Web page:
Tinnitus Probably Is Not the Reason for Your Hearing Loss
People who have encountered tinnitus know that the condition is very irritating. Severe cases can turn enfeebling, forcing the patient to stay in bed due to the problems of balancing and hearing. However, while it is difficult to overlook the short-term issues, many patients are concerned about the long-lasting effect of tinnitus. After all, the ears are a very delicate part of the body, and you cannot afford to take risks. Here's all you need to know.
Tinnitus is a term describing a condition in which a sound is detected, typically a ringing, which is not coming from the surroundings. So, while people around you will hear nothing, you will receive a variety of sounds, including tinkling and whistling. This sound may be continuously heard in the same ear or both at the same time. Tinnitus is a symptom of a more fundamental problem that can include ear infections and side effects of some medication.
Here are a few key tinnitus points.
An estimated 50 million Americans have varying degrees of tinnitus.
Tinnitus could be caused by cochlear damage or internal ear damage.
Some medicines, especially at large doses, can cause or aggravate tinnitus, for example, aspirin.
Tinnitus sufferers may be unusually sensitive to noise.
Most people are not bothered by mild tinnitus, but help with tinnitus treatment in Oklahoma city is available to those who find it hard to tolerate.
Tinnitus can arise from damage to small sensory hair cells or their loss in the inner ear cochlea. This is the most common cause of it. This happens with age and can be caused by extended exposure to overly high noise. The loss of hearing may be indicated by tinnitus.
Research has shown that certain sound frequency loss causes changes in the sound perception of the brain. As around a particular frequency, the brain gets fewer external stimuli, it adapts and changes. Tinnitus can be the way of the mind to fill the missing frequencies of sound that its acoustic system no longer receives.
Some drugs, such as ibuprofen, certain antibiotics, aspirin and diuretic drugs, can be ototoxic and cause tinnitus.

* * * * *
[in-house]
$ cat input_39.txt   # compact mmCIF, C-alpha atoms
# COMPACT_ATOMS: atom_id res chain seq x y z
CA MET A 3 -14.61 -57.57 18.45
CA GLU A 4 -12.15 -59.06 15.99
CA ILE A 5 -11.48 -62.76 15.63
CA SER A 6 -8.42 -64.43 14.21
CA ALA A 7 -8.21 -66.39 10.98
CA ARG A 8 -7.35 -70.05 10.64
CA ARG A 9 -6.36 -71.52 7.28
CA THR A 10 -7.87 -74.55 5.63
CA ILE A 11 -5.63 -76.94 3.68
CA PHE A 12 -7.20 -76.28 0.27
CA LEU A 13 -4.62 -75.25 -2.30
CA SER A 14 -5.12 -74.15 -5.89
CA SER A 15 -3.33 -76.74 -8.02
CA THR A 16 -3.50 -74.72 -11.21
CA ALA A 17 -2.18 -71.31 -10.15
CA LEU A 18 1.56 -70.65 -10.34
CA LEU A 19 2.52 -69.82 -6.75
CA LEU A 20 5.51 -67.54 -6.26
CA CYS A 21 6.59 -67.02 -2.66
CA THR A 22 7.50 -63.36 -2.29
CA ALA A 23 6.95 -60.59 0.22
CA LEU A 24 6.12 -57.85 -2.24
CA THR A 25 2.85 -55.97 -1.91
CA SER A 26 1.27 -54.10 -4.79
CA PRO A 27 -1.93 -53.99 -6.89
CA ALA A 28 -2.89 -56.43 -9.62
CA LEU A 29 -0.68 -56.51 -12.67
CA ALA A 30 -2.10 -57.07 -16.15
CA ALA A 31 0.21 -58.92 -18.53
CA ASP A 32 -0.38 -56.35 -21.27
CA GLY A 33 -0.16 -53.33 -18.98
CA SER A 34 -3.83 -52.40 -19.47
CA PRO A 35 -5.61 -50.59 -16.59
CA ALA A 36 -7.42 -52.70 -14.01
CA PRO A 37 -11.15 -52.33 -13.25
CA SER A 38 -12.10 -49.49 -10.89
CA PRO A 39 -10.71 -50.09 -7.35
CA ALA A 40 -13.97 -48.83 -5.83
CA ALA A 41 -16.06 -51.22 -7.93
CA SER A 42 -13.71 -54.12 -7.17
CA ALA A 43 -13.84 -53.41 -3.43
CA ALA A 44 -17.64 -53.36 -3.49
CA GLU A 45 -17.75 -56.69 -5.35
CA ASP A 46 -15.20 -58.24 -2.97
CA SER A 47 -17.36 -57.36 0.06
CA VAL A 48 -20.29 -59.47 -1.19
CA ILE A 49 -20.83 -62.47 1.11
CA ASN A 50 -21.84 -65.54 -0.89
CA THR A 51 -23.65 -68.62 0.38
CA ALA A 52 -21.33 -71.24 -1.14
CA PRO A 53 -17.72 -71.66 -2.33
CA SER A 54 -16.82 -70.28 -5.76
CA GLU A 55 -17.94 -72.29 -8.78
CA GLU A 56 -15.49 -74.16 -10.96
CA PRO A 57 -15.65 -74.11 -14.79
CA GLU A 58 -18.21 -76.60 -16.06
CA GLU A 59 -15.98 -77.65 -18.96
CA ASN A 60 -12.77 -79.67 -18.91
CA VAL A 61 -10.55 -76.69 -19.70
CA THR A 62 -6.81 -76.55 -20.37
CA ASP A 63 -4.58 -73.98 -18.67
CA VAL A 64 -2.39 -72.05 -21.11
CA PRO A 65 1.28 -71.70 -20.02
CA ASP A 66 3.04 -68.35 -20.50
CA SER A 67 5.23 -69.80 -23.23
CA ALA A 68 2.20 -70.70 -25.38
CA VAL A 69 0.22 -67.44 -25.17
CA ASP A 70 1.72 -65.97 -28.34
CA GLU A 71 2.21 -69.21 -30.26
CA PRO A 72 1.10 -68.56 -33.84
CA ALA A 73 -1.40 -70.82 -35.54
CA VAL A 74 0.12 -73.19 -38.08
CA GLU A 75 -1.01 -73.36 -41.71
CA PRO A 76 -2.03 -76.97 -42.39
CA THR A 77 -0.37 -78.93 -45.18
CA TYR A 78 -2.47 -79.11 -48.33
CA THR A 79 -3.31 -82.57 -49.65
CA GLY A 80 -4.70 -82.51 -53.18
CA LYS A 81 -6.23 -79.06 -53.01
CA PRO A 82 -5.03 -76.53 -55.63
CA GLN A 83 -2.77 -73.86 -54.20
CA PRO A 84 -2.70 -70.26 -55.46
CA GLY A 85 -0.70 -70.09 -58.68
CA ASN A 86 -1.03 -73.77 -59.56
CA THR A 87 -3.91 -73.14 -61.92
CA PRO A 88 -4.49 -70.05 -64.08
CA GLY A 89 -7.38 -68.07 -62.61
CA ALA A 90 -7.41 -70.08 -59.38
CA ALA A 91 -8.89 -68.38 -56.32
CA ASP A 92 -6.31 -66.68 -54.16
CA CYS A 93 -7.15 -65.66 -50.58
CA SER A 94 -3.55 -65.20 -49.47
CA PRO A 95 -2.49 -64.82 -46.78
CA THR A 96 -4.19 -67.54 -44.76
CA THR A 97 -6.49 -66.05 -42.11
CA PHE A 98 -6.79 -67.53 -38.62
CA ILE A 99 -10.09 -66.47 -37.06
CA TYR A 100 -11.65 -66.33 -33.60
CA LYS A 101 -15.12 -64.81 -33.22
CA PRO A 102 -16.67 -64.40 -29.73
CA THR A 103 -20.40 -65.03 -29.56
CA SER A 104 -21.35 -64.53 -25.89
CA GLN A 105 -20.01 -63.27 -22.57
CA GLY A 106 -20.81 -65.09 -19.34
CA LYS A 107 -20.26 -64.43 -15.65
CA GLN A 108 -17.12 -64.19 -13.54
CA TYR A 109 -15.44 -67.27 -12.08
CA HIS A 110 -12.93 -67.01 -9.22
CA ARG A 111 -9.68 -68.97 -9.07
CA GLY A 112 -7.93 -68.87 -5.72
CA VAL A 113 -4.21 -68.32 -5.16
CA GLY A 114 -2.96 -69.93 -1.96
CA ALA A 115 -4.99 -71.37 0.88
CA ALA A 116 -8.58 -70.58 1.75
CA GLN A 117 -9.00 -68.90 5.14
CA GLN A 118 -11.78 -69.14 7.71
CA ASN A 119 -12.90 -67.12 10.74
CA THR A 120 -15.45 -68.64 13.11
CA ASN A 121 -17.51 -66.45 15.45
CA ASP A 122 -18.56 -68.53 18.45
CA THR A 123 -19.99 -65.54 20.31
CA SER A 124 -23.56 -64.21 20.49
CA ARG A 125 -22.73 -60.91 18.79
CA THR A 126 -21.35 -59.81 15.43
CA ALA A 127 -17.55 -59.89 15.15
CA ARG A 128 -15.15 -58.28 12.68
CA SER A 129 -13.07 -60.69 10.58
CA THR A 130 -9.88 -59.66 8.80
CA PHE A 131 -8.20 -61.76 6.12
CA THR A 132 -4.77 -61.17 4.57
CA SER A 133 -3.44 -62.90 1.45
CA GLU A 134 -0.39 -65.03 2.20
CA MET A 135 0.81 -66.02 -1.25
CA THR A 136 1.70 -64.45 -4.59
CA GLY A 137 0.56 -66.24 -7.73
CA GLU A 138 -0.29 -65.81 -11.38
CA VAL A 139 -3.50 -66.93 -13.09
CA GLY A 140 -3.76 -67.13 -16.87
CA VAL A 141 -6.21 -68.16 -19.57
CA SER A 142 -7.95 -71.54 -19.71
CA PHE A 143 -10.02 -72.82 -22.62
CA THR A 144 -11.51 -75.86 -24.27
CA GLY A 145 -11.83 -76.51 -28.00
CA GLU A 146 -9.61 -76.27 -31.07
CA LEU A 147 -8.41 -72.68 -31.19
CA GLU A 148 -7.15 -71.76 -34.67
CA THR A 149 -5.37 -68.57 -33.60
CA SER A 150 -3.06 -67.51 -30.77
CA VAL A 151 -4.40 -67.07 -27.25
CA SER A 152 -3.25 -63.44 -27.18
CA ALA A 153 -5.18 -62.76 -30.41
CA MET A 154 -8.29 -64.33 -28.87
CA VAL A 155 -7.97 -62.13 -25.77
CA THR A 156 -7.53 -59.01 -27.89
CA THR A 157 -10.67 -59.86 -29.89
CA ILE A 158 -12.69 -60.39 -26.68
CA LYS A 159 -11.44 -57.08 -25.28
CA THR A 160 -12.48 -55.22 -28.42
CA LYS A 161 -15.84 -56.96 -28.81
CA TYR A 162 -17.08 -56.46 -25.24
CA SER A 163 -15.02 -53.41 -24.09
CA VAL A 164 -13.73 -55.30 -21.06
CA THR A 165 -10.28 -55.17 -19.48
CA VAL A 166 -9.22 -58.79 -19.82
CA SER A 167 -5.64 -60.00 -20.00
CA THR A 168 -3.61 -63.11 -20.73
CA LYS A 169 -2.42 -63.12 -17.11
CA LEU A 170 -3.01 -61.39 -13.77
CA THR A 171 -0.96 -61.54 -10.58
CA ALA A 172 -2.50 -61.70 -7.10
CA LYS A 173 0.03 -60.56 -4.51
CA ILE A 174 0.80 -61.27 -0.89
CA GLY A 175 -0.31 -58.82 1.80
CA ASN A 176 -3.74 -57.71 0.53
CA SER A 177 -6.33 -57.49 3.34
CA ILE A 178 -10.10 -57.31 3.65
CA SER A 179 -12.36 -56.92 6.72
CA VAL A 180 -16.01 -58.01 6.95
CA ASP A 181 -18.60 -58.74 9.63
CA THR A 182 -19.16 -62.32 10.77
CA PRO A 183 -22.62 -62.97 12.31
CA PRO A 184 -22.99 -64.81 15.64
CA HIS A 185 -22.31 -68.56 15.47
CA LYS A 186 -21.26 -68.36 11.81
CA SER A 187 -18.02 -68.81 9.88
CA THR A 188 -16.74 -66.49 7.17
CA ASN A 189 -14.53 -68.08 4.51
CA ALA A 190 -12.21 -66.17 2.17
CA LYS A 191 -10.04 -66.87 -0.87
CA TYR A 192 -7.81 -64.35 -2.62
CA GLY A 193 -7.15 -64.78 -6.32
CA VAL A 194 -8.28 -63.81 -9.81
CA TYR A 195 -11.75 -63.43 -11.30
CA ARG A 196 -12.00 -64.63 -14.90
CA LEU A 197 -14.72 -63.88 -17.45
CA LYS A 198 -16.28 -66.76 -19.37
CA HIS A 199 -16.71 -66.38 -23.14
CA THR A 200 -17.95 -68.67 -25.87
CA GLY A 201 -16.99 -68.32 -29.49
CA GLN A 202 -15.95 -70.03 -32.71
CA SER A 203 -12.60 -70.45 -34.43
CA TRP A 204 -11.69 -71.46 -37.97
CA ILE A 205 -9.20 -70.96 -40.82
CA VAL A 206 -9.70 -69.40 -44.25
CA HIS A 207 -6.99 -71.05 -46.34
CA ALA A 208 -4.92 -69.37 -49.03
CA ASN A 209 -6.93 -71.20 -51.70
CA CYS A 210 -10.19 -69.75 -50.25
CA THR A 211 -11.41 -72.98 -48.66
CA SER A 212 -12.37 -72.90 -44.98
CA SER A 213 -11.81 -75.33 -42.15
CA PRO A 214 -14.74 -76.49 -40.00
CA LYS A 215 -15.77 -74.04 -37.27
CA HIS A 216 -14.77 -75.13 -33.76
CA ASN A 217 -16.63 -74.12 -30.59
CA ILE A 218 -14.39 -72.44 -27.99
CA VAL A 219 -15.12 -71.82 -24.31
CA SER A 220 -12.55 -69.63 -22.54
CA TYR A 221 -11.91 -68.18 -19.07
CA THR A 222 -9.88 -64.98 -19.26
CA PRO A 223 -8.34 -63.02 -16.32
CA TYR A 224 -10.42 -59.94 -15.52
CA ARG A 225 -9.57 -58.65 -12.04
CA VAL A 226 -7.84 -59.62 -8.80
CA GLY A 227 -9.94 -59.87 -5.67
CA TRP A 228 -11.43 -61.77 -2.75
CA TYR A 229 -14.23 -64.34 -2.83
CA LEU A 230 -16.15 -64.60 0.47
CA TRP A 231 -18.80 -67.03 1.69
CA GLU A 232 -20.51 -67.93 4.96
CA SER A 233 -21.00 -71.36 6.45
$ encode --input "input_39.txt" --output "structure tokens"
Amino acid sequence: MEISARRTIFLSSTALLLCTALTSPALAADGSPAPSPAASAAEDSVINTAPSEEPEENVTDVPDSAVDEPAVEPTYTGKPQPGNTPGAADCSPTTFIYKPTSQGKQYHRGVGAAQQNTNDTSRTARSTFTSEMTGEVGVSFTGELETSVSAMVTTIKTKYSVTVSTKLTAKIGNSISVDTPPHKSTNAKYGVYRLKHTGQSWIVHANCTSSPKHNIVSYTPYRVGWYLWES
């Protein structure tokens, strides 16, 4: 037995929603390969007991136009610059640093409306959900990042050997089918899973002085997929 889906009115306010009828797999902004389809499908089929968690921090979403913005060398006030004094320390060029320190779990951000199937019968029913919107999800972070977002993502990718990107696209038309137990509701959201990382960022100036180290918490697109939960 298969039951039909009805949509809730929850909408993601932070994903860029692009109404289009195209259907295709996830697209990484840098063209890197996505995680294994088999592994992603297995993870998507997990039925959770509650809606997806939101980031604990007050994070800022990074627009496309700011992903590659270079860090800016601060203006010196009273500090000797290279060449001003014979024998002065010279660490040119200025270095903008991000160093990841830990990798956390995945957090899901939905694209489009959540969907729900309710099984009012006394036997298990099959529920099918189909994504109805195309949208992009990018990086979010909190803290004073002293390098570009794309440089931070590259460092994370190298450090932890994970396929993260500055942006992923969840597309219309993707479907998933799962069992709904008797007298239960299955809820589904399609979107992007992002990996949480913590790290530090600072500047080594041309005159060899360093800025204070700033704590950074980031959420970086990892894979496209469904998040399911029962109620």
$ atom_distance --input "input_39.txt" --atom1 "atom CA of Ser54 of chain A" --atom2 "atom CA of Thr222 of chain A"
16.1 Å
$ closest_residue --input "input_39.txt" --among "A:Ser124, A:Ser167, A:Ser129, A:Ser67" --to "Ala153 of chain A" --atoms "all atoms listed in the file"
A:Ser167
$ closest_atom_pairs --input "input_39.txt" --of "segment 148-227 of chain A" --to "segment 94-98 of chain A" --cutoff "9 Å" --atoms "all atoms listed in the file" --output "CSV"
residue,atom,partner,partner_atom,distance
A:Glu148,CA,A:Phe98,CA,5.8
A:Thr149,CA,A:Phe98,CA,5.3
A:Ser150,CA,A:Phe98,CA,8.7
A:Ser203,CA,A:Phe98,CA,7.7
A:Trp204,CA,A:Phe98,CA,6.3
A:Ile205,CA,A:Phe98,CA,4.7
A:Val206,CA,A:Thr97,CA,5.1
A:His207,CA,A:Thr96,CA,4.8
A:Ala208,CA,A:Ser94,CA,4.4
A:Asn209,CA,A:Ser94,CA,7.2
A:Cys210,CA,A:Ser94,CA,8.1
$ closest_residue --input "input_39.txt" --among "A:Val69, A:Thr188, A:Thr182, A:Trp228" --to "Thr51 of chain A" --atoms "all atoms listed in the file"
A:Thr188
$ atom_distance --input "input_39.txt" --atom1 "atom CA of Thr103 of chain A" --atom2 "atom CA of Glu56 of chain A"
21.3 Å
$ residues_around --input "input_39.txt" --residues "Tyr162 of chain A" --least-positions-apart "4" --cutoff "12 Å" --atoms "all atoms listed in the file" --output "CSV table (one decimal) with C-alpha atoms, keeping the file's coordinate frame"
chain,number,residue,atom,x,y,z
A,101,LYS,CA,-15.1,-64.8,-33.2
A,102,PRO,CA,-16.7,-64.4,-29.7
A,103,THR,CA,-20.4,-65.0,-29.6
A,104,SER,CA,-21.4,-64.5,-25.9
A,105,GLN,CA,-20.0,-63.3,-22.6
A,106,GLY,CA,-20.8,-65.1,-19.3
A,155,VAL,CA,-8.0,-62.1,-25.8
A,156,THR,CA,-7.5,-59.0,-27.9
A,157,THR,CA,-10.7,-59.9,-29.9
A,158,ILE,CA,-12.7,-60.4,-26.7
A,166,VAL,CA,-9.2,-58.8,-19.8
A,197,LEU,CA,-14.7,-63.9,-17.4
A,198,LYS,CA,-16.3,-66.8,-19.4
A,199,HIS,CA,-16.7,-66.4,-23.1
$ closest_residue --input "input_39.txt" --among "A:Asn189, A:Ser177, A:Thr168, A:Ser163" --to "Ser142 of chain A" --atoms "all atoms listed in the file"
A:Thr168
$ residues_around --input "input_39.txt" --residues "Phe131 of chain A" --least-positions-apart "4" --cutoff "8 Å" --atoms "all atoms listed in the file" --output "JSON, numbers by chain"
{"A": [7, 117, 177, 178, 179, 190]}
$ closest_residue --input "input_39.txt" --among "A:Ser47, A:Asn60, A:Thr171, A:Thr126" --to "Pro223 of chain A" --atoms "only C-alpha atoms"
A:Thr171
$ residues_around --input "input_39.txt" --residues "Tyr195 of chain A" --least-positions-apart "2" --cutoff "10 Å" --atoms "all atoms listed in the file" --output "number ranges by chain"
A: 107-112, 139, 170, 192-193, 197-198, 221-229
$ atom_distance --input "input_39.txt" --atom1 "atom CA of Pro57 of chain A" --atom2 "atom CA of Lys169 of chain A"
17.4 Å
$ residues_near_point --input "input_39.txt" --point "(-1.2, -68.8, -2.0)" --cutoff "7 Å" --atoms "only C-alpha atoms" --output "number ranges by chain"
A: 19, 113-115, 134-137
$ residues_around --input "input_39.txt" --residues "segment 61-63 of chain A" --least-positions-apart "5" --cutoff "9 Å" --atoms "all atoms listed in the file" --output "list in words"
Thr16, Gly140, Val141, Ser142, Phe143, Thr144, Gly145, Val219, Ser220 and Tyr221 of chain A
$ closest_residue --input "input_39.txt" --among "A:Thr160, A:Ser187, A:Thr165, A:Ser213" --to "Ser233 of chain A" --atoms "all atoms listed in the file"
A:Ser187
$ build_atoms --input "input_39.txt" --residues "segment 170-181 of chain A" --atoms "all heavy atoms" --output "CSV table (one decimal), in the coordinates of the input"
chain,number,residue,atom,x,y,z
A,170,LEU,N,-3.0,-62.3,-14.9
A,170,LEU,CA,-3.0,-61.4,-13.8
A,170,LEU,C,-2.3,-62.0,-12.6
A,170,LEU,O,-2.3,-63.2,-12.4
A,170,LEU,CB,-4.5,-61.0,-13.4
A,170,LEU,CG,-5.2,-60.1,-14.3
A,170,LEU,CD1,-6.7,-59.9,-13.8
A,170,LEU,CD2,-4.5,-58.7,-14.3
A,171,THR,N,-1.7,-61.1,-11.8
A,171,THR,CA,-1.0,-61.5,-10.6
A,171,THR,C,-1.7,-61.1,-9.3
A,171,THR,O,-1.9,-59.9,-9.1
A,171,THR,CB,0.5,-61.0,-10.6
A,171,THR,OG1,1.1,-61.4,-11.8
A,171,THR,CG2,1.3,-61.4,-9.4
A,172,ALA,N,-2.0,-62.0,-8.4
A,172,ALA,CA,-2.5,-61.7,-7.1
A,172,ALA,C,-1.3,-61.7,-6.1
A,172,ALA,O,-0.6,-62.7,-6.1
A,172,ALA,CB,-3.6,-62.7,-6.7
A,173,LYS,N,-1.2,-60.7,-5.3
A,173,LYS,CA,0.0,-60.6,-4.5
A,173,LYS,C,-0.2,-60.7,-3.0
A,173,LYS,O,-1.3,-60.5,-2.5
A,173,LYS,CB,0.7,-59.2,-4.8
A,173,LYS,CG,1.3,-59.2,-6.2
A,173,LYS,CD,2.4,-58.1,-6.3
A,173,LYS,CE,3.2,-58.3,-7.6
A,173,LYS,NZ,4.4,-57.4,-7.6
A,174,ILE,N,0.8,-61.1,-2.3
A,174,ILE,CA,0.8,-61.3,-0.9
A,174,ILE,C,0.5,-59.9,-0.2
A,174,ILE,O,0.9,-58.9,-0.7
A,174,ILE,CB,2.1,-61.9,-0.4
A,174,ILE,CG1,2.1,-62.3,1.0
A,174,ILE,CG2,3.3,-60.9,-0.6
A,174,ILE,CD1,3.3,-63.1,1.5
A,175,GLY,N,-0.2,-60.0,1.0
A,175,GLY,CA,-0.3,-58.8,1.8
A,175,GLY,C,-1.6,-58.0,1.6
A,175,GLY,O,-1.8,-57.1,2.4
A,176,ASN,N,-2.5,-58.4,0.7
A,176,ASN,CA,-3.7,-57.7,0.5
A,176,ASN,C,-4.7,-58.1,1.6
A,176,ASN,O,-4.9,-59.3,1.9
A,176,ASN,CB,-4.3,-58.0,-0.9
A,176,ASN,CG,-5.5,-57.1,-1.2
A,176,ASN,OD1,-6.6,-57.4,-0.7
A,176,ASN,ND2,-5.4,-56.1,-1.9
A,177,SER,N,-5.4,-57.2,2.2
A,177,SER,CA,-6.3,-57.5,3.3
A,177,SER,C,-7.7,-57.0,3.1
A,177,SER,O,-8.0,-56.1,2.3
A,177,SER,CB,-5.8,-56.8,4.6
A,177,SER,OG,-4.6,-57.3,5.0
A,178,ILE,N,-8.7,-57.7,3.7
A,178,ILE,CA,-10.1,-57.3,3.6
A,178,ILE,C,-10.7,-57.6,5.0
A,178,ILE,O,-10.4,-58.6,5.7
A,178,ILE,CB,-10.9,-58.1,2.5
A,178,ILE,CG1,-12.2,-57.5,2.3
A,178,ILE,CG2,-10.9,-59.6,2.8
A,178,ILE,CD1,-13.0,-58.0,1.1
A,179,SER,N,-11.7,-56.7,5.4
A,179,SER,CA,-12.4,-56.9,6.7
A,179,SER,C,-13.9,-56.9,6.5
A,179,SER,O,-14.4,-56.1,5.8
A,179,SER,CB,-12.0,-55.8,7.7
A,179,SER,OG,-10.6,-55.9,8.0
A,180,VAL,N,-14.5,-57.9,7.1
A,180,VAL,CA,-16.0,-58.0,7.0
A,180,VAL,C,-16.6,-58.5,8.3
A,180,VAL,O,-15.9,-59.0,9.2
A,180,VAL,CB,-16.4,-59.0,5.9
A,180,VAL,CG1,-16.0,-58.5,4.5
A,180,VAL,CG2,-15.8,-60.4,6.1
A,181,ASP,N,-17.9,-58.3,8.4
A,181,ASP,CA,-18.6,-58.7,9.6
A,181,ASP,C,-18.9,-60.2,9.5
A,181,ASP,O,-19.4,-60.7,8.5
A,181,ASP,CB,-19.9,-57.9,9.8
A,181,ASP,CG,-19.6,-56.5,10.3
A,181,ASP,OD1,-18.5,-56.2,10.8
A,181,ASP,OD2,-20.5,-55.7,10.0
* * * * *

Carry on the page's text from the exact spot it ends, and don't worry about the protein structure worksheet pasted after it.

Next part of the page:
Other Probable Causes
Head and neck lesion
Foreign object and earwax that affects the eardrum
Temporomandibular joint disorders (TMJ)
Eustachian tube problems
Middle Ear Bone stiffness
Trauma of the brain
Tinnitus is an intermittent or continuous, non-auditory, internal sound in one ear or both, and either low- or high-pitched sound.
Diverse sounds are described as whistled, chirped, clicked, screamed, hissed, rugged, pulsed, whistled or like static or even music.
The sound volume can vary. It is usually most intense in the night or during quiet times.
Hearing Loss and Tinnitus
Since tinnitus is a symptom, the problem itself does not necessarily lead to hearing loss. However, issues that also cause hearing loss are frequently behind tinnitus. As such, there is no overlooking the link between these two and tinnitus sufferers often have some hearing loss as well.
If noise exposure and other sources cause damage of the hair cells of the inner ear, traditional hearing loss will occur. Also, cochlear damage often causes permanent sensorineural impairment of hearing. This can range from mild hearing loss to moderate hearing loss and is likely, if not treated, to deteriorate over time, and you need immediate tinnitus treatment in Oklahoma City. This damage to the inner ear can also cause the intermittent or constant symptoms of tinnitus.
Book your appointment today
Oklahoma Hearing Center helps you, regardless of whether you have tinnitus, overcome hearing loss or any other problems related to your hearing health. Contact our hearing aid specialist in Oklahoma. All of our centers have specialists in audiology who will learn about your problem for finding the best way of treatment. Tinnitus, mainly when the buzzing is not continuous, can be ignored. However, it will be incredibly useful for you to find out and address a deeper problem that should not be ignored.
**Disclaimer: No content on this page intends to offer the advice of a healthcare professional nor creates a provider-patient relationship.